10 Most Iconic Pieces of Art in Ancient Egypt
Ancient Egyptians were far ahead of other civilizations in the areas of art, science and technological innovations - as is evident from the remnants and relics of their edifices, texts, and artifacts. Their artworks reflect profound influences of religious motifs, and mythology; which were integral parts of their lives. The intricacy and brilliance of ancient Egyptian artwork leaves historians as well as travelers gasping for words. From the marvels of engineering achieved through the Egyptian pyramids to the exquisite ornaments they made, Egyptian art relics have no parallel. Their craftsmanship is proven by the fact that some of these art forms have withstood the test of time and lasted over 3,000 years.
Listed below are the ten most iconic ancient art forms of Egypt that can leave you amazed:
1. Throne of Tutankhamun
Perhaps no other ruler of ancient Egypt was as enigmatic as Tutankhamun. The ‘boy king’ as he was called had his coronation at the tender age of nine and died mysteriously at 19 years. He left behind a vast empire and loads of wealth. The golden throne was found in 1922 by Howard Carter, the British archeologist who located his tomb. The amazing throne was intact even after 3,000 years, showing the excellent craftsmanship of the Egyptians. It was adorned with glass and precious stones and deemed as a fine instance of Amarna Period art. The amazing thing is the glaze of the metal was intact even after 3,000 years when it was excavated.
2. The Egyptian Book of the Dead
A noted ancient Egyptian funerary text, The Egyptian Book of the Dead was used till 50 BC from around 1550 BC. The book was replete with funerary texts, depicting the deep belief in the concept of afterlife and images of ancient Egyptian Gods. There was no single book, and many copies have been found. One copy can be seen in the British Museum. The ancient texts contain many rituals related to the afterlife that the Egyptians believed would help the deceased persons sail through the phases after death.
3. The Golden Tree of Life
The ideologies and beliefs of the ancient Egyptians can be understood by observing their painting and sculptures, as it is. One such notable painting is The Golden Tree of Life. The ancient papyrus painting has deep symbolism. In this painting, the birds placed on the tree symbolize various stages of life. The birds face East except one that faces West as it symbolizes the end of life. It is deemed as one of the best works about Egypt.
4. The Bust of Nefertiti
Another Royal Egyptian family member whose identity was shrouded in mystery is Nefertiti. The bust of Nefertiti was possibly created sometime in 1340 BC. It weighs almost 20 kg and made from one piece of limestone. While some historians believe she was a queen, others contradict that view. The bust is remarkably well made, and her facial features are accurately depicted in it. The craftsmen used gypsum stucco and gemstones in making the bust.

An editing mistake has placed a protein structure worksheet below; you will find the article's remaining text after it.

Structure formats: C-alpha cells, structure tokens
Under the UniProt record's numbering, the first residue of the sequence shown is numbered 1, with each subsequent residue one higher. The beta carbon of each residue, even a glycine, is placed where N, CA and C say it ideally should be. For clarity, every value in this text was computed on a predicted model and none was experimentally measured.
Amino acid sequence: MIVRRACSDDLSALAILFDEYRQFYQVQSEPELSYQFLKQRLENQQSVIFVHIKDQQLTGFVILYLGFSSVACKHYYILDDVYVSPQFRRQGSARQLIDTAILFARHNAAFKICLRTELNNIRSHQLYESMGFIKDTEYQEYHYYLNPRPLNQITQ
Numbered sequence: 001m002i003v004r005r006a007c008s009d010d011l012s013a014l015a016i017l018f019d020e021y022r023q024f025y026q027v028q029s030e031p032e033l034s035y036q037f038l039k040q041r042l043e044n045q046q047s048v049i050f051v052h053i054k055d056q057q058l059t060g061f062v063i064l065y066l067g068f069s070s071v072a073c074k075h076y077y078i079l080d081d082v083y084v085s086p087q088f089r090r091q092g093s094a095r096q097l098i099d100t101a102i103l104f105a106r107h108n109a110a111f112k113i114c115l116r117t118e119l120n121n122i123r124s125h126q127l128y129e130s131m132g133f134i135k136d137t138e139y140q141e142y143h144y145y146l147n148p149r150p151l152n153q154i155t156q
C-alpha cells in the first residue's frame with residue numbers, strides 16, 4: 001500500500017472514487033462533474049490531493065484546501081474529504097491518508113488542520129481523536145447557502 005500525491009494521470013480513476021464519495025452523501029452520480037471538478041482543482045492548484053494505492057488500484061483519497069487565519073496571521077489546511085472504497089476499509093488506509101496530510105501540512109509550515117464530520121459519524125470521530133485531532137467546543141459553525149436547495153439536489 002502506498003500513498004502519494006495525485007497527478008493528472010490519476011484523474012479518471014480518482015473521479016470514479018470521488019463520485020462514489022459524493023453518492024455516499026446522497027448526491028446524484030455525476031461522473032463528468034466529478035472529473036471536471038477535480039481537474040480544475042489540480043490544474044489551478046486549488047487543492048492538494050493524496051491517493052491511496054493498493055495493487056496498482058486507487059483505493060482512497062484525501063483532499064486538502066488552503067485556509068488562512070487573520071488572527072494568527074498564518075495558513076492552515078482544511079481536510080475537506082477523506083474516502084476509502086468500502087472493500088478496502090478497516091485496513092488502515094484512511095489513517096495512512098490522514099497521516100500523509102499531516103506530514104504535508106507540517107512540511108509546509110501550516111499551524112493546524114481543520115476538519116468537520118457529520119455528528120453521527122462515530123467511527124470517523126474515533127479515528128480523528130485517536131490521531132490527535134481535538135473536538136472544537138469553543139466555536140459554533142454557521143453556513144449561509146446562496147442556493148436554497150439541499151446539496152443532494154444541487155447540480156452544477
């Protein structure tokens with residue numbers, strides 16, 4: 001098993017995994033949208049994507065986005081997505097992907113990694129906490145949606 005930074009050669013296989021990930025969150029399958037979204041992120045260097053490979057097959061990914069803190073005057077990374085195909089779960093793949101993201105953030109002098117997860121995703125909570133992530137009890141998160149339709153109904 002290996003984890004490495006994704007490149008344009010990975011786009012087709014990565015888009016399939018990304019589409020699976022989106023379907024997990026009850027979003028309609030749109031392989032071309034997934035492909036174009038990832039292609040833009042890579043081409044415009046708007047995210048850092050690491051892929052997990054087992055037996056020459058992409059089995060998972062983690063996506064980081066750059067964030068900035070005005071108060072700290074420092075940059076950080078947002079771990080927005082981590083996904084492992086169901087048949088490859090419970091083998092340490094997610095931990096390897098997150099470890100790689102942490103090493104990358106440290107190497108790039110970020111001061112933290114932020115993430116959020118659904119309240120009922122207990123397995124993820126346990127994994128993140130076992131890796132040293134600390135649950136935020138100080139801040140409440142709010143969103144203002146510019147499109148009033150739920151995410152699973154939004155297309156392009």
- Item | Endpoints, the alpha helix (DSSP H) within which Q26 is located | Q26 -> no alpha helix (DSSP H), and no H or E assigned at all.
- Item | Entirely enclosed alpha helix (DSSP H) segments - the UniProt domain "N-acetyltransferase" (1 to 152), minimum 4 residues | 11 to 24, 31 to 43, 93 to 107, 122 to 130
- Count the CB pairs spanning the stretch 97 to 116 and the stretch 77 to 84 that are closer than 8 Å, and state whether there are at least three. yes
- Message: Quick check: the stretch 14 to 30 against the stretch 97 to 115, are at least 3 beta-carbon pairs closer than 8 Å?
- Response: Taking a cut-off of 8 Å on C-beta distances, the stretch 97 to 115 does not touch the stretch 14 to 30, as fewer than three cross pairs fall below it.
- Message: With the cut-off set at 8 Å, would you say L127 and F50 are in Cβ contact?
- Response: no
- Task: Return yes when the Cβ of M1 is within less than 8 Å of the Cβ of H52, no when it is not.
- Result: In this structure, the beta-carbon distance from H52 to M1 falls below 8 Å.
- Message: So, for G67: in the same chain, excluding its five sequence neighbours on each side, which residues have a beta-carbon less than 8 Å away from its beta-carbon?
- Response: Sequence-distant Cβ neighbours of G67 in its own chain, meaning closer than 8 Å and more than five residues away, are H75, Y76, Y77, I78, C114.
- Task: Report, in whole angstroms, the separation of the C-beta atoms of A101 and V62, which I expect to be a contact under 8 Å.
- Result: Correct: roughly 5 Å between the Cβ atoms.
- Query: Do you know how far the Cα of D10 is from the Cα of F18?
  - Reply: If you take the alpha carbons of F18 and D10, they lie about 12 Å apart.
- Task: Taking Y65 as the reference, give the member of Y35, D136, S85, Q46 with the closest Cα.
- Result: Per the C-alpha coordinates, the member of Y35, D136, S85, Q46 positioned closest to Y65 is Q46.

5. Canopic Jars
The Canopic jars were made by ancient Egyptians to preserve the body organs of the deceased persons. Each organ was kept in a separate container. These jars were mostly made with limestone.
6. Egyptian Papyrus
Not many are aware of it, but the word paper was coined from papyrus. It was a plant grown in the delta of the Nile River. The papyrus paper that was used extensively by the ancient Egyptians for painting and writing was made from its pith. These papyrus copies have withstood tests of time, much like the other relics of art. It is through the analysis of these Papyrus writings or paintings that the scholars and historians have decoded nuances of ancient Egyptian civilization.
7. The Statue of Khufu
The enticing statue of Khufu was created in 26 BC. It is an ivory statue of the famous Egyptian monarch made with amazing craftsmanship. It is only 7.5 cm high, but stands as evidence of the monarch’s two-decade-long reign. The statue was discovered by noted Egyptologist Flinders Petrie in 1903 at the necropolis of Abydos, near the Temple of Osiris. The statue is now kept in the Cairo Museum. This discovery convinced historians about the identity of the builder of the Great Pyramid of Giza, who happened to be the son of Queen Hetepheres.
8. Statue of Cleopatra VII Philopator
The most enigmatic female ruler to ascend the throne in ancient Egypt, Cleopatra still amazes. Many theories exist regarding her origin and reign, and a number of them are contradictory. However, the statue of Cleopatra is a stunning example of Egyptian art. The carefully crafted statue looks stunning and bears the stamp of Egyptian craftsmanship. Cleopatra had a Macedonian origin and true to her genes; she was known for causing many deaths in the family for capturing the throne. The queen’s face is carved in typical Greco-Roman style. The three cobras on the head of the queen make it look somewhat menacing.
9. Tomb of Senenmut’s Astronomical Ceiling
Senenmut was a noted architect in ancient Egypt who created the tomb complex of Pharaoh Hatshepsut. However, his tomb was no less spectacular. The ceiling of his tomb has an amazing depiction of the galaxy. The map is divided into the twin hemispheres. The northern hemisphere depicts the Egyptian lunar cycles along with well-known constellations while its southern segment shows stars and planets visible to human eyes. The intriguing thing in the artwork is the absence of Mars in the constellation.
10. Thutmose III Statue
Among the few found statues of ancient Egyptian kings, the statue of Thutmose III is a major one, and it is said to be an artistic masterpiece. Thutmose III was the Eighteenth Dynasty’s sixth Pharaoh. The statue reflects the aura of a powerful monarch with a resemblance to his stepmother Hatshepsut, to whom he was quite antagonistic. This statue is now kept in the Luxor Museum.